EDITOR’S NOTE: Since this story was published, the city of Tustin did open a temporary shelter on March 18, 2019. For more information on how the city is addressing homelessness, please visit here. (November 5, 2020)

The City of Tustin has less than 60 days to have a temporary homeless shelter up and running, or else law enforcement officers will not be able to cite or arrest people for camping in public areas.

Faced with these options, the Tustin City Council voted unanimously to locate its temporary shelter on the corner of Red Hill Avenue and Valencia Avenue. That location is about 500 feet away from an elementary school.

In order to drop off or pick up students, parents must pass by the shelter. There is no other way in or out of the area. The city’s decision has drawn the ire of many Tustin Legacy neighborhood residents.

“It’s really to let the city know that we’re just unhappy with the way they’re handling some decisions as it relates to our community and our children,” said Beejal Northrup, a mother of three children.

Northrup says she’s not a protest kind of person, but the city’s decision made her and hundreds of her neighbors want to speak out against the plan to bring a shelter so close to their homes and childrens’ school.

The Orange County Board of Supervisors approved $25 million in Mental Health Services Act funding (MHSA) for permanent supportive housing. The board also approved three new housing projects in Central Orange County. One of the locations is in the Tustin Legacy neighborhood on Tustin Ranch Road and Warner Avenue.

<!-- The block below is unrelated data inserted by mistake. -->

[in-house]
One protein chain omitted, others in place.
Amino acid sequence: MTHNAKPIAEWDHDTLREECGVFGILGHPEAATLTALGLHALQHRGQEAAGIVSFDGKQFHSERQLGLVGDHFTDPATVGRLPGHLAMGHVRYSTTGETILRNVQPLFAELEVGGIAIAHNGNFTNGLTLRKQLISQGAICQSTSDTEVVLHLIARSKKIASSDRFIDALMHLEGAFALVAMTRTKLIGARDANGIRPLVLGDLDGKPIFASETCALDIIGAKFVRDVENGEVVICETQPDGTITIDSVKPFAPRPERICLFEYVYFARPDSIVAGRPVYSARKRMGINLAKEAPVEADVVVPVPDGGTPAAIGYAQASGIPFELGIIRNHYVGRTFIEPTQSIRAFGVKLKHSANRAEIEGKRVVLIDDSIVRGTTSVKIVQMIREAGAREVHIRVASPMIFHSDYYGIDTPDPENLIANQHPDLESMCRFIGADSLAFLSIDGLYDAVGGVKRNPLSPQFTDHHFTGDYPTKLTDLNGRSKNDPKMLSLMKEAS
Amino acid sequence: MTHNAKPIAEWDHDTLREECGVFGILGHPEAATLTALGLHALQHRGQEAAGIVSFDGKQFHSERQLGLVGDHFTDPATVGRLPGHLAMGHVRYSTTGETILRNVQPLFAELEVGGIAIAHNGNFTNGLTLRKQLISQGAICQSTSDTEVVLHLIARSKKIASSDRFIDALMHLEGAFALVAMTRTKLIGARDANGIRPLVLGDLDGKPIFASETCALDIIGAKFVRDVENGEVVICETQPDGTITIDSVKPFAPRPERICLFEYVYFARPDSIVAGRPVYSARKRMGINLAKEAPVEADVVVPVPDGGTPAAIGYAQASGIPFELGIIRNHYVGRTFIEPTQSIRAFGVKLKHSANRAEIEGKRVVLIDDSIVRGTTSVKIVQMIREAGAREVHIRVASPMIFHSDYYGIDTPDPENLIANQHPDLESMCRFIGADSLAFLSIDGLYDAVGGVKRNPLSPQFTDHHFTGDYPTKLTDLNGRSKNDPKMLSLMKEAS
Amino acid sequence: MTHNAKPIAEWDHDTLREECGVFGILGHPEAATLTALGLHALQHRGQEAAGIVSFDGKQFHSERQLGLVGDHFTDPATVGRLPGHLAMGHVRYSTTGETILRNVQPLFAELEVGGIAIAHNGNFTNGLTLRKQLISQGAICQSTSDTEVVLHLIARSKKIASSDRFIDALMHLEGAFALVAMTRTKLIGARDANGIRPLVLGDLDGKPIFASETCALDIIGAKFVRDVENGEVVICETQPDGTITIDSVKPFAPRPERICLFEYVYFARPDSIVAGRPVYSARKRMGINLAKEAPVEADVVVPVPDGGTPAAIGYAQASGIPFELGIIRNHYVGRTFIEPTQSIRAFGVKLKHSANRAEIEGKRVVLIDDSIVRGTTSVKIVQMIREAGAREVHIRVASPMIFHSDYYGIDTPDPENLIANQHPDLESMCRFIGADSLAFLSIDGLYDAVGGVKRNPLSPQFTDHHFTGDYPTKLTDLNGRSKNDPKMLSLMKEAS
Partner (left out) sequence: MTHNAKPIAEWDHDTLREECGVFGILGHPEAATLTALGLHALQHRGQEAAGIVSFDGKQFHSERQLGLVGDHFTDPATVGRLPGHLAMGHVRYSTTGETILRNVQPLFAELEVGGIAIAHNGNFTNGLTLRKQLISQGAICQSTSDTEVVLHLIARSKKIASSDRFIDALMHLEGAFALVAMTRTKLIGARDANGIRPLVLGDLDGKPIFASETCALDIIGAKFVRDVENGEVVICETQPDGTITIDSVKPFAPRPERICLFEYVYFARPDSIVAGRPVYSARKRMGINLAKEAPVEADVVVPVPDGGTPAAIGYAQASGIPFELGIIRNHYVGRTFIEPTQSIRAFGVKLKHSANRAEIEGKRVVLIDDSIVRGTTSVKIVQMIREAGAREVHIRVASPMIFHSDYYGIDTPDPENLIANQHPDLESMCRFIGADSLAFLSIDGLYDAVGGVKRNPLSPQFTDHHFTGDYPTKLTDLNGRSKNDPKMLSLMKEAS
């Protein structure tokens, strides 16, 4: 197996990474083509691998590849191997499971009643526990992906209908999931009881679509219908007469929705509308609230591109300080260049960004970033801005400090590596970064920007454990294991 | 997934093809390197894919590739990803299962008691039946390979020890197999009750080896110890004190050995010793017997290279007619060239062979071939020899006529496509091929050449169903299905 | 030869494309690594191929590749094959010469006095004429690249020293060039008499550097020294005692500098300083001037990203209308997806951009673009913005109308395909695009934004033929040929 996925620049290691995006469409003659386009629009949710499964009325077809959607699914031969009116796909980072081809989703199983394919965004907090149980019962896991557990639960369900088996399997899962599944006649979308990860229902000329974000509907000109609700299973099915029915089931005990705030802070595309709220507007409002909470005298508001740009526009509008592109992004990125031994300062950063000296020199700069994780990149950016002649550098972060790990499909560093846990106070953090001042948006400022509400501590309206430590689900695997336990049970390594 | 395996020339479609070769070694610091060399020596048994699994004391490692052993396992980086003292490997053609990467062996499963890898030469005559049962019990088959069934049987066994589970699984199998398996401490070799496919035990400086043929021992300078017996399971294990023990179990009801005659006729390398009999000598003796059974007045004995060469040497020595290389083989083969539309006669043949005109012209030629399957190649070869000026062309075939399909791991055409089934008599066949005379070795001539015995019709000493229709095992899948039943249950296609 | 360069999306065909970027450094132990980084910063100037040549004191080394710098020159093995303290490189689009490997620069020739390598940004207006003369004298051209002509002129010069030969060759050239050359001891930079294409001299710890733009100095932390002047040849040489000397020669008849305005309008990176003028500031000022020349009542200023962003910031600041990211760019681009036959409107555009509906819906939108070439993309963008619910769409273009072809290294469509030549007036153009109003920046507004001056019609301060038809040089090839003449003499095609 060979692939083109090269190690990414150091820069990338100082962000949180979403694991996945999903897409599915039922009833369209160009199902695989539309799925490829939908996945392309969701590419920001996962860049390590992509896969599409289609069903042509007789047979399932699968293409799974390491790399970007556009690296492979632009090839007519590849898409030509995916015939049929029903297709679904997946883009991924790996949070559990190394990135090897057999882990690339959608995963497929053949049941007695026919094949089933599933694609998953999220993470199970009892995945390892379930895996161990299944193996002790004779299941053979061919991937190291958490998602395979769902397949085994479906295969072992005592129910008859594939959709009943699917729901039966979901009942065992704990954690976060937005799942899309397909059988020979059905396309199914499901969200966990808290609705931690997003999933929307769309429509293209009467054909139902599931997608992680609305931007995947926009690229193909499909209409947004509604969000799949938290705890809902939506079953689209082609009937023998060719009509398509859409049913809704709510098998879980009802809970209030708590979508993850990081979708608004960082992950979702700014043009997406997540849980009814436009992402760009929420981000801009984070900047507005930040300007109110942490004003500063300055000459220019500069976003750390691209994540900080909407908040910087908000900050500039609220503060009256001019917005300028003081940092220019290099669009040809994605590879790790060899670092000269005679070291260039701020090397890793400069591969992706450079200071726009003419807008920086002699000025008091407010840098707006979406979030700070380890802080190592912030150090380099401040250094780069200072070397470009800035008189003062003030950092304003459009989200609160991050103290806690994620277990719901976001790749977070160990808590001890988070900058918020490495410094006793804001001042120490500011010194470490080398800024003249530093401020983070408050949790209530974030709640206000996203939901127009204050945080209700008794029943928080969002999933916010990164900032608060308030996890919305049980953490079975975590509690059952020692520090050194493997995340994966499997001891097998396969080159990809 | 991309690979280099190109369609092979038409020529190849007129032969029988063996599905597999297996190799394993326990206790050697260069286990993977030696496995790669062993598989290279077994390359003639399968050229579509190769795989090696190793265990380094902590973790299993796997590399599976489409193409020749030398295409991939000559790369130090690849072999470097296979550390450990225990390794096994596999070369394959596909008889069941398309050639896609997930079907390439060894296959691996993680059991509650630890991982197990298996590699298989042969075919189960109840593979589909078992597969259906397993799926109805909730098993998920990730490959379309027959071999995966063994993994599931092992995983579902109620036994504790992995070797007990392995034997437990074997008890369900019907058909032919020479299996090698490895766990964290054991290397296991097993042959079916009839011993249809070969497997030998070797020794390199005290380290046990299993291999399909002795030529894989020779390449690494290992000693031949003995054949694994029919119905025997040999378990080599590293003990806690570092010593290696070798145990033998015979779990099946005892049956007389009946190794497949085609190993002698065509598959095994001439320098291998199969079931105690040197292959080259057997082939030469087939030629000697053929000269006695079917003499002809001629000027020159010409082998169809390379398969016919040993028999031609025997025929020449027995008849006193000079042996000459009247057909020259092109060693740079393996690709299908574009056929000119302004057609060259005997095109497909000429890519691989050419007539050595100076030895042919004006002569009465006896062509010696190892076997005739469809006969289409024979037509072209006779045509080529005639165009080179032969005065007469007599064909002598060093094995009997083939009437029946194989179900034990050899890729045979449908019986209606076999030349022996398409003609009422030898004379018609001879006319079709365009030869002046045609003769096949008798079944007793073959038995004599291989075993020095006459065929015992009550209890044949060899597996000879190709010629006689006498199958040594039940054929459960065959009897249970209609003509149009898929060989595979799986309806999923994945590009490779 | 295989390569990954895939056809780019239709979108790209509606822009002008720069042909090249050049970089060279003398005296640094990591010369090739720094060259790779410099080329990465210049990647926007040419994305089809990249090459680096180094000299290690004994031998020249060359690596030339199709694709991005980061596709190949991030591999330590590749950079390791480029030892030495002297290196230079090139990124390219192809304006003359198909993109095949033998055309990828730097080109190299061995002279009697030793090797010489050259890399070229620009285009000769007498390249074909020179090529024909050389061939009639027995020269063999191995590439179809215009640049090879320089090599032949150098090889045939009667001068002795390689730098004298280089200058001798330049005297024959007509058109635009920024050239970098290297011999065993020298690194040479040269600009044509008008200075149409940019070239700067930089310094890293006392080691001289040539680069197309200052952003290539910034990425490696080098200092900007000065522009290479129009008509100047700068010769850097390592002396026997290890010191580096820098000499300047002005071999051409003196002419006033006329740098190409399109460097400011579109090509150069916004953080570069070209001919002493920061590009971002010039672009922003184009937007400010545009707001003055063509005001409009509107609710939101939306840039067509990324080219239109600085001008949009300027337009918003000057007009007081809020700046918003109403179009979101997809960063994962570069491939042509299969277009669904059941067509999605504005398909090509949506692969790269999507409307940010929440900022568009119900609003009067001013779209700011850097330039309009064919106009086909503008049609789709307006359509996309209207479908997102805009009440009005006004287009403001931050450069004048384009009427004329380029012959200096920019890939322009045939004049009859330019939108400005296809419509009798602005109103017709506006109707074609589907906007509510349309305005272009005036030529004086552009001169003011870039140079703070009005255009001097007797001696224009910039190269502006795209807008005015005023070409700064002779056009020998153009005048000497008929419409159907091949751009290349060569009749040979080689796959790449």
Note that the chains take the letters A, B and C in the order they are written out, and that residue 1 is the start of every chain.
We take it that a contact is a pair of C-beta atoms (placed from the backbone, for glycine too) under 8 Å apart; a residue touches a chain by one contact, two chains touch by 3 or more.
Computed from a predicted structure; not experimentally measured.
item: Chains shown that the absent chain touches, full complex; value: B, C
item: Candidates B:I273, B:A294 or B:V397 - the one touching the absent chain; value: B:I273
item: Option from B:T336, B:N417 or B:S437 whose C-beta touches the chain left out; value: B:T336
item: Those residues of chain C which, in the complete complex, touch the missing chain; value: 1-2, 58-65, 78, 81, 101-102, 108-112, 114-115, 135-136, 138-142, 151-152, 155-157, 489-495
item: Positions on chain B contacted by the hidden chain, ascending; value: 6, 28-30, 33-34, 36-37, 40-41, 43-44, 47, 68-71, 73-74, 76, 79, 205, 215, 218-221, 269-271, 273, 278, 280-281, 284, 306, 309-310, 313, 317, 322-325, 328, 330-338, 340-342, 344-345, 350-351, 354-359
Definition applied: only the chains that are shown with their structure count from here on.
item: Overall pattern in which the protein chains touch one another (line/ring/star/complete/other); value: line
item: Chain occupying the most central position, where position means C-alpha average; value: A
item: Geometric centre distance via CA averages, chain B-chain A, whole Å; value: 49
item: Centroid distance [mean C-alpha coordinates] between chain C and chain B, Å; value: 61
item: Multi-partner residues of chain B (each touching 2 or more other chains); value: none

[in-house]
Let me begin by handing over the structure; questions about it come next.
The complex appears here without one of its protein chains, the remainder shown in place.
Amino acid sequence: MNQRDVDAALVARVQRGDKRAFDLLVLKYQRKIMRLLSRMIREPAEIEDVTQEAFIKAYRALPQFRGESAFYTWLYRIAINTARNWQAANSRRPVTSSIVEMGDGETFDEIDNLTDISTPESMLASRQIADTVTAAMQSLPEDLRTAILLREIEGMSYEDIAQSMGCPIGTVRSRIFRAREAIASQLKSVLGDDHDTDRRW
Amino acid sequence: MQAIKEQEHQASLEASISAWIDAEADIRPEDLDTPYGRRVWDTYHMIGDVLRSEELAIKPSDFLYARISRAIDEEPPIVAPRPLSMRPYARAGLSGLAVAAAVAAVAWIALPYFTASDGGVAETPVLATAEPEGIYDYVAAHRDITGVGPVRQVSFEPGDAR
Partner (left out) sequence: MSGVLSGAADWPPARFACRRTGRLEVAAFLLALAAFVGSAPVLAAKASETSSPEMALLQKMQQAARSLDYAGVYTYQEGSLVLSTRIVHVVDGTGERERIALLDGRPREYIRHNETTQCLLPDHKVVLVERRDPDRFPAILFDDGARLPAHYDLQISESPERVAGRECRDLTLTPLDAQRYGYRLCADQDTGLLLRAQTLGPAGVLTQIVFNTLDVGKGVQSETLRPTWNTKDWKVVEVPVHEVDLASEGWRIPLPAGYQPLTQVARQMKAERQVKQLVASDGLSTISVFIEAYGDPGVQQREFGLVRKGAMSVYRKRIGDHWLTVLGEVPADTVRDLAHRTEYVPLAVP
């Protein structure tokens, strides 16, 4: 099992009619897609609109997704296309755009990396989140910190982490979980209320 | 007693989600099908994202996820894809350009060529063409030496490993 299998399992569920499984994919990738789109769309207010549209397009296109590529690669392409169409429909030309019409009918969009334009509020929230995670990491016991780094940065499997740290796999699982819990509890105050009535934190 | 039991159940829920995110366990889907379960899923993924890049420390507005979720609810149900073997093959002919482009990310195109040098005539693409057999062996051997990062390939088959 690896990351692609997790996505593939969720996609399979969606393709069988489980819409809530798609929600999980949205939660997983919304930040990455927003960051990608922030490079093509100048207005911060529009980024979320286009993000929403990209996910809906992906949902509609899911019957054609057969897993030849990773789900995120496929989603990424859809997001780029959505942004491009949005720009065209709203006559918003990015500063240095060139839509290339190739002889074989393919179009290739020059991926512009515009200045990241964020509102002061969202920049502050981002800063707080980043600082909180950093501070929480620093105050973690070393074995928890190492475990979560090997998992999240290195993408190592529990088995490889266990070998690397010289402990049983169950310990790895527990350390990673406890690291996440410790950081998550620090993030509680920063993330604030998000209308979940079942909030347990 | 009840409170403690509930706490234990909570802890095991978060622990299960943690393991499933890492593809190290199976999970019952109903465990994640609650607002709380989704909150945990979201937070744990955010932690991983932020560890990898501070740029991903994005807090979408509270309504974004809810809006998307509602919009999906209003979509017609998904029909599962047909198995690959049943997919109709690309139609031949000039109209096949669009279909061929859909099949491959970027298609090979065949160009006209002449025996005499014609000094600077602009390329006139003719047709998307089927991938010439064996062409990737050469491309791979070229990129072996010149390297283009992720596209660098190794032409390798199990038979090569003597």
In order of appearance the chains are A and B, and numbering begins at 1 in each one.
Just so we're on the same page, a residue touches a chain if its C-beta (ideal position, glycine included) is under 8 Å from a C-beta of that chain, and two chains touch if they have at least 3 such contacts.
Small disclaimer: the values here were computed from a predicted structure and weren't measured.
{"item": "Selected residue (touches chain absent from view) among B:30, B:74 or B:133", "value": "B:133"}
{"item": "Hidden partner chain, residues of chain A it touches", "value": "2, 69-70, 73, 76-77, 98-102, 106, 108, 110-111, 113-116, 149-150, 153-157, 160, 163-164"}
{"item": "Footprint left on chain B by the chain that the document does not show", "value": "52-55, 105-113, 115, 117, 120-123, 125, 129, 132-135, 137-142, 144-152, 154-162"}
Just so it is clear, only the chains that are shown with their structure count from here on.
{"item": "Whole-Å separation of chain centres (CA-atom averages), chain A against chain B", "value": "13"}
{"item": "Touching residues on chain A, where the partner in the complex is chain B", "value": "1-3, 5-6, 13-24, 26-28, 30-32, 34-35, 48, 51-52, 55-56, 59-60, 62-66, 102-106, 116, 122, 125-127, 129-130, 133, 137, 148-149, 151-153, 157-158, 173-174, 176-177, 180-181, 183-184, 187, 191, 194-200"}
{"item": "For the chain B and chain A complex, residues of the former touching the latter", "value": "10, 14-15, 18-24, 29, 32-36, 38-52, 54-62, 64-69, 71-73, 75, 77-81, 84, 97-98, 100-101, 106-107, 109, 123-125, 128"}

Tustin is planning to partner with the Jamboree Housing Corporation to build the housing development with 54 affordable housing units and 59 units saved for the chronically homeless with special needs.

This development would be on top of a temporary homeless shelter ordered to house 50-beds and one of the city of Santa Ana’s 200-bed shelters, which sits on the border of the two cities. In 2017, the county counted 69 homeless people living on the streets of Tustin.

“The city is proposing another 60 beds to open up right next to our neighborhood. Right here. So all together, these beds there’s going to be over 700 beds within a one-mile square radius of our children, our parks, our community, our homes, our school. Nobody had any idea. We all feel just blindsided,” said Northrup.

Residents in the Tustin Legacy neighborhood say they are concerned with the possibility that a criminal element could potentially be concealed under the umbrella of the homeless population. They say they are not against helping homeless individuals. They just want to see other parts of Tustin being a part of the solution too.

Northrup and her neighbors formed a group called “Protect Tustin Kids” and they’re serious about it. They made a website, wrote a petition, and started protesting before city council meetings.

“We spent a lot of time making people aware by passing out flyers and making sure everybody was sort of informed to what the city’s plans are,” said Northrup.

More than a 100 residents showed up to the council meeting on November 20 and more than a dozen spoke during public comment, including Beejal before the council discussed the housing development.

To everyone’s surprise, the city manager postponed the vote to approve the housing development to late January 2019 so the city will have more time to talk with the developer and community.